The Last Resort and the Lesser Evil

By Andrei P. Tsygankov

 

Forthcoming in Russia Profile special issue on the Caucasus
 

The recent events in the Caucasus reflect failure of the existing international system to maintain peace and stability on the regional and, potentially, global scale. All parties – Georgia, Russia and the West – are responsible for the crisis, but to varying degree. In contrast to Thomas Friedman who awarded the gold medal for failure to Russia, the silver medal to Georgia and the bronze to the United States – as if the conflict were an Olympic event – I see Russia as the least responsible for the crisis. Military response to Tbilisi’s attack on Tskhinvali and recognition of South Ossetia and Abkhazia independence were bad yet necessary choices.

Any decision to go to war is indicative of an international system’s failure to preserve peace. It is clear, however, that Russia did not start the military confrontation in the Caucasus. Sources as diverse as intelligence agencies, human rights organizations, the Georgian ex-Defense Minister Irakli Okruashvili and Western government analysts agree that the aggression came from Tbilisi. The Kremlin had no choice but to rely on the last resort to prevent further violence in the region, protect those suffering from Georgia’s aggression and defend Russia’s historically gained reputation of guarantor of peace in the Caucasus. Charges that Russia was preparing for war by concentrating troops in the region or taking advantage of South Ossetian provocations against Georgians do not constitute evidence of Russia’s decision to go to war – the fact remains that it was Mikheil Saakashvili who ordered fire while Russia returned it. As to war preparations, Russia would have been negligent not to prepare given the Saakashvili’s track record of constant provocations against Russia and his refusal to repudiate the use of force against the autonomies.

Russia’s recognition of South Ossetia and Abkhazia too can hardly be called a good decision because it followed the West’s recognition of Kosovo establishing yet another dangerous precedent for redrawing political map in Europe, Eurasia and Russia. However, Russia hardly had a better choice available. Georgia’s behavior in the region encouraged by its powerful patrons in the West made it imperative for Russia to reinforce its military presence in the region. During the post-Cold War era, the weakened Russia was unable to respond to the West’s geopolitical advances, and Russia’s reputation and security interests have suffered a serious blow. Following the Georgia’s aggression and the large scale violence against civilians in South Ossetia, the only way for Russia to defend its interests and prevent further bloodshed was to recognize the autonomies.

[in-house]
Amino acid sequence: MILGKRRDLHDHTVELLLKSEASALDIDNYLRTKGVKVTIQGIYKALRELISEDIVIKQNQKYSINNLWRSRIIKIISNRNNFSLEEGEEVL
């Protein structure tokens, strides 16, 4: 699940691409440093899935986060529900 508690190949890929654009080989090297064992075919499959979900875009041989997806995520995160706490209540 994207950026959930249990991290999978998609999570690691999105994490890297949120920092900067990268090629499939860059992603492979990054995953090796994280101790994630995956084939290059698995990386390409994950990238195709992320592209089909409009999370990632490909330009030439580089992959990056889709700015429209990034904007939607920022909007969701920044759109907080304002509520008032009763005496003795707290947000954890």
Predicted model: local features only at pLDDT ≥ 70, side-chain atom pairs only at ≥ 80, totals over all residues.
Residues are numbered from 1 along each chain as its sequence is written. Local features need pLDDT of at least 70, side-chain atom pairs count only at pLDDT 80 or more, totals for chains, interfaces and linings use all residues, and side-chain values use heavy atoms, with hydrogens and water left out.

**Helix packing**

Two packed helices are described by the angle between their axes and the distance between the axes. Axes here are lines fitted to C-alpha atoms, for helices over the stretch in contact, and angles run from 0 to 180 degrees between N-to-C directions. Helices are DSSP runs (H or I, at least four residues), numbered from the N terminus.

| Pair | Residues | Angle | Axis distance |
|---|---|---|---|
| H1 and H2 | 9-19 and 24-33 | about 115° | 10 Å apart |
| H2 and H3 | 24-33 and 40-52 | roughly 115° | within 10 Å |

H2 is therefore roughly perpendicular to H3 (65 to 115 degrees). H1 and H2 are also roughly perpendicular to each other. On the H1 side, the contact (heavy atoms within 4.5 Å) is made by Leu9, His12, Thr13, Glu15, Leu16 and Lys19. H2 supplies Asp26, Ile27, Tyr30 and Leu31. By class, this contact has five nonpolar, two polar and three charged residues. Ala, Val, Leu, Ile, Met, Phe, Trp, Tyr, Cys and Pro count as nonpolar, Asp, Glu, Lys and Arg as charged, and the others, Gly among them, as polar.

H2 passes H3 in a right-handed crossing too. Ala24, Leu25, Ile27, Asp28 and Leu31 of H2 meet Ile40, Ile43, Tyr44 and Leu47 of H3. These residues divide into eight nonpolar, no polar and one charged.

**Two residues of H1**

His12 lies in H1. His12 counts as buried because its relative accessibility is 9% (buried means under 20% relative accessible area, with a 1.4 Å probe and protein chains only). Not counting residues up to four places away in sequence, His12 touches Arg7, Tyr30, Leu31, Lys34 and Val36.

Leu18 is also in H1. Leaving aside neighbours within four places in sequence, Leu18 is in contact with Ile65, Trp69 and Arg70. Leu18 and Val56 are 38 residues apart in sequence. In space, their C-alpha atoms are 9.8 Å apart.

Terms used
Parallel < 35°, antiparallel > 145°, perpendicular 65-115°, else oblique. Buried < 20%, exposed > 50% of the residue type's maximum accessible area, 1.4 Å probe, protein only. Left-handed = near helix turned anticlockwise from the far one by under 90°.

Procrastination with recognition would have increased international pressures on Russia to replace its peacekeepers in South Ossetia and Abkhazia, which in practice may have amounted to empowering foreign forces with guarding Russia’s own security. Some say Russia should have waited longer, but hasn’t the defensive tactics of playing on West’s terms and expecting its understanding of Russia’s interests been partly responsible for the crisis?

The historically confirmed lesson here is that the international law only works when it is supported by viable international institutions and balance of power. No viable institutions exist in the Caucasus, and the balance of power has been long violated by NATO’s decision to expand its military infrastructure at the expense of Russia’s interests. The international law was silent in the Caucasus because it had been silent when Yugoslavia and Iraq were attacked by the Western powers without the United Nations’ approval.

Russia has little to be triumphant about. Although Russia has generally prevailed in the crisis, President Dmitri Medvedev is correct to emphasize the collective nature of the problem and to propose a collective solution involving European peacekeepers. Russia’s share of responsibility for the crisis in the Caucasus is connected with some shameful decisions made during Mikhail Gorbachev and Boris Yeltsin’s eras that have seriously undermined statehood and knocked foreign policy off balance. Russia’s message to the world has been often confusing, and its policy makers have frequently replaced intellectual preparations with improvisation and PR. In the meantime, the nation’s fundamentals are not strong and include deteriorating physical and social infrastructure, still underfunded military, low living standards and insufficiently diversified economy.

The Kremlin must now decide how to continue its international assertiveness. One option is to prepare to fight the expansion of NATO by mobilizing the required resources, including the hard power, and making it impossible for Georgia and Ukraine to join the alliance under any circumstances. That option involves claiming control over ports and strategic territories in the area. It is likely to lead to a military mobilization and a large-scale violence making it extremely difficult to stay the course of economic modernization and normalization with the West. The second option is to minimize use of force by deploying Russia’s soft power – growing economy, historical, linguistic and cultural ties – for defending its legitimate interests in Georgia, Ukraine and Moldova. The Kremlin has barely started doing so, and it could begin by laying out a vision of a confident moral power that seeks to protect values and interests of Russia and those who gravitate toward it.